Safe - or smothered? Should a child be allowed to ride the bus alone? Walk to school unescorted? How much freedom to allow is a parents' dilemma.

Posted: August 26, 2009

When Lamont Dixon was a scrappy kid growing up in Southwest Philadelphia, he and his buddies roamed the neighborhood until dark. Dixon walked - or sprinted, if it was cross-country season - 15 blocks to John Bartram High School. "Sometimes we'd go around the corner, hop on the No. 13 trolley" and head into Center City, he recalls. "It was our little adventure."

That was then. Now, Dixon is the 46-year-old father of two teenage daughters, living in a leafy suburb near Cherry Hill. His girls have never walked to school, though the family's home is a 10-minute walk from Assumption School in Atco, where Saharrah, 13, will be an eighth-grader in the fall. She and Symphony, 15, have never taken public transit without an adult. They're not allowed to attend sleepovers, except at the homes of relatives.

"They want to go to the movies by themselves, or to the mall with girlfriends. We're not for that, either," says Dixon. "I'm fearful of them hooking up with the wrong crowd, of introduction to drugs, of everything. The scariest fear is of abduction. [As a parent], you're torn between micro-supervising and thinking, 'But this is not how I grew up.' "

The line between kids' safety and their freedom is one that most parents tread privately: Is it OK for my 10-year-old to walk to the park? Can she stand at the bus stop alone? Should I let him run up to the corner store without me?

Recently, that private struggle spilled onto the national scene. Last year, New York writer Lenore Skenazy was dubbed "America's Worst Mom" after she published a column about letting her son, then 9, ride the subway alone. The column hit a nerve; soon Skenazy was making the rounds of morning-talk and cable-news shows, fending off accusations that she was a neglectful parent.

In her new book, Free-Range Kids: Giving Our Children the Freedom We Had Without Going Nuts With Worry, Skenazy argues that American parents have gone overboard with anxiety, swaddling kids instead of preparing them to deal with a world that is not actually as scary as they think.

"Free-Range Kids tries to promote a recognition of what the real dangers are. We can relax a little, allow our kids to go out and do things on their own, and our kids will grow a little," she says.

What are the real dangers? The answer depends on whom you ask and what you're measuring. Far fewer children die from unintentional injuries - car and bicycle accidents, drowning, fires - than was the case 20 years ago, according to the National Center for Health Statistics. U.S. Justice Department reports show that crime against children - along with violent crime in general - is down. And the scenario that gives parents the greatest terror - abduction and murder by a stranger - happened about 50 times in 1999 (the latest year for which there are Justice Department statistics). That's once for every 1.5 million kids.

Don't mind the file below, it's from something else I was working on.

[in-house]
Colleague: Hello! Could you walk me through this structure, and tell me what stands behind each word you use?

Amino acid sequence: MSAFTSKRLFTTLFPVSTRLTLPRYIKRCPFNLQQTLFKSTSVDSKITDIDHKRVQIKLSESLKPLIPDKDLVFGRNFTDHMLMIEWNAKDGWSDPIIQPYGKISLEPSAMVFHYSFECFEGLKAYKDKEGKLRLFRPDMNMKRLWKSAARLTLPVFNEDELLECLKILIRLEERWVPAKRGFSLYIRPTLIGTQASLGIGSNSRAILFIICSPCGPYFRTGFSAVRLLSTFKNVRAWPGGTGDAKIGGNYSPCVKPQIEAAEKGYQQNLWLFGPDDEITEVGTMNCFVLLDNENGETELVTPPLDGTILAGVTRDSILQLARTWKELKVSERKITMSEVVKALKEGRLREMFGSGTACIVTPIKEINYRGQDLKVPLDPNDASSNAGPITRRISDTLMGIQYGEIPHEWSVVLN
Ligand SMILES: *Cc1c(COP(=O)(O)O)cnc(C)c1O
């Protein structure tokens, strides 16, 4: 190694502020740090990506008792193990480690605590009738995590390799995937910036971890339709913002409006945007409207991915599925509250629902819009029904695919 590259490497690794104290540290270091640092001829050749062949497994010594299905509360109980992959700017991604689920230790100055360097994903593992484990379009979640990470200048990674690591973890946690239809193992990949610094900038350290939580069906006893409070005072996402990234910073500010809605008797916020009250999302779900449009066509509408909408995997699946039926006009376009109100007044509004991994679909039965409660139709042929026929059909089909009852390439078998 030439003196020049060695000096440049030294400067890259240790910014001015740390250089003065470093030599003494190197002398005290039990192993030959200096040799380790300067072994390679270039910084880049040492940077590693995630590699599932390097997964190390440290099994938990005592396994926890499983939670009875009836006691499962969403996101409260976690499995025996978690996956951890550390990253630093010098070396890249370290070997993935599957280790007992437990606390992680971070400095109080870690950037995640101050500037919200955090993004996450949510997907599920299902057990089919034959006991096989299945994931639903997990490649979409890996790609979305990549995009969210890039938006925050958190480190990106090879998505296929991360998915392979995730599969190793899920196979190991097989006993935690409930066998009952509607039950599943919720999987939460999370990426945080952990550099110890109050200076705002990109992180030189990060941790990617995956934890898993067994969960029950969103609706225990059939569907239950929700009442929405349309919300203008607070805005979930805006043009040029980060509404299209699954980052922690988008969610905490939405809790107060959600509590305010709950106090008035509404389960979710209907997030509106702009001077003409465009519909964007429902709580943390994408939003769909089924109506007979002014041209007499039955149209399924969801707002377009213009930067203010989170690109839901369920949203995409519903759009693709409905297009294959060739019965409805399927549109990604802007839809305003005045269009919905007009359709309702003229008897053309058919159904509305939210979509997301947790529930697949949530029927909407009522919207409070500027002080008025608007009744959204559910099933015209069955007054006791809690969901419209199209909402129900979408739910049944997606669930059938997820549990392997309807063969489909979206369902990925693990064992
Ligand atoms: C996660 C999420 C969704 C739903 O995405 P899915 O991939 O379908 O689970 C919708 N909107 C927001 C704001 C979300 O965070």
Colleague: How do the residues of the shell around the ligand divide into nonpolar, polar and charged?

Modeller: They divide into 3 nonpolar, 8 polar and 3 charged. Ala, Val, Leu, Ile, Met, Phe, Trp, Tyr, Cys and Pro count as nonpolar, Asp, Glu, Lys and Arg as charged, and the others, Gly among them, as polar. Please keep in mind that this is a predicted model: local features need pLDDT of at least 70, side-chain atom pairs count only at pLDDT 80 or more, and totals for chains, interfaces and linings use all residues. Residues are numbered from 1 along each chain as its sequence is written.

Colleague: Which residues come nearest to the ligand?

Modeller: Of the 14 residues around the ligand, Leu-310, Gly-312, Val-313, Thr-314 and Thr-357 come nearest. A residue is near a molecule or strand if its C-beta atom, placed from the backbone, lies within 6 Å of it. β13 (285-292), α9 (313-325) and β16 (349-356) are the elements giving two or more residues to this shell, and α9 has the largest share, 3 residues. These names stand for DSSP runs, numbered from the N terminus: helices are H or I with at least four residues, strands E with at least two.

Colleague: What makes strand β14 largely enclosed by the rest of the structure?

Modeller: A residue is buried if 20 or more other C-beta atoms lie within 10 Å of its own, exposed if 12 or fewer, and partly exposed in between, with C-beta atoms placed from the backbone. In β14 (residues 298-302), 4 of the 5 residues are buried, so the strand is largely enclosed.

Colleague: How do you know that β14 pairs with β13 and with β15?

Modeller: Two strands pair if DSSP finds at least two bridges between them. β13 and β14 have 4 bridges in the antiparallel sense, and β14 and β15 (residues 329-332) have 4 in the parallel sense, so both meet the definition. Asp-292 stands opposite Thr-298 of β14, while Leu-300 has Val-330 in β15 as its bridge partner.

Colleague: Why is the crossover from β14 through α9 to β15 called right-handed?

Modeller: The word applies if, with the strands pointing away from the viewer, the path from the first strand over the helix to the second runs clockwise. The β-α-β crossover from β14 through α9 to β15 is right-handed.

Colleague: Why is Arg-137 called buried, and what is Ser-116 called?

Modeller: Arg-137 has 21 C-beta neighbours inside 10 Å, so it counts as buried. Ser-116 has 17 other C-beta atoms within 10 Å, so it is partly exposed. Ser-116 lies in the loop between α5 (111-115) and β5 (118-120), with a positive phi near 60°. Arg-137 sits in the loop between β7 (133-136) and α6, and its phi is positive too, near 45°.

"Overall, I think the notion that things have become more dangerous for many kids is really an illusion" fed by a handful of well-publicized, tragic cases, says David Finkelhor, director of the Crimes Against Children Research Center at the University of New Hampshire. Heightened awareness of child safety may have boosted the reporting of crimes and prevented some kids from being victimized, Finkelhor says, but it also stokes fears of the rare, worst-case scenario.

Nancy McBride, national safety director of the National Center for Missing and Exploited Children in Alexandria, Va. - the agency behind the milk-carton photos of missing kids - agrees. "The dangers to children are far greater from somebody they or you know than from that faceless individual."

Nonetheless, parental nightmares are hard to shake, and the most cautious parents often set a neighborhood norm that others find difficult to flout, says David Anderegg, a psychologist in Lenox, Mass., and author of Worried All the Time: Rediscovering the Joy in Parenthood in an Age of Anxiety.

"You're made to feel like a really bad parent if you do anything that might smack of risk-taking. Sure, there's a risk in letting your child do stuff. But there's also a payoff - having them feel confident and self-reliant."

That's why Nadine Slavitt, 44, lets her oldest child, 13-year-old Sam, take the R5 train to the Philadelphia School in Center City. It's why she lets her daughters, 12-year-old Shoshana and 9-year-old Sydney, walk to their middle and elementary schools a few blocks from the family's Merion Station home.

"I know moms up and down this street walk with their kids. They see my little girl, and I'm sure they're all saying, 'Oooh, bad mom.' But the girls are fine. I think they need appropriate challenges at appropriate ages."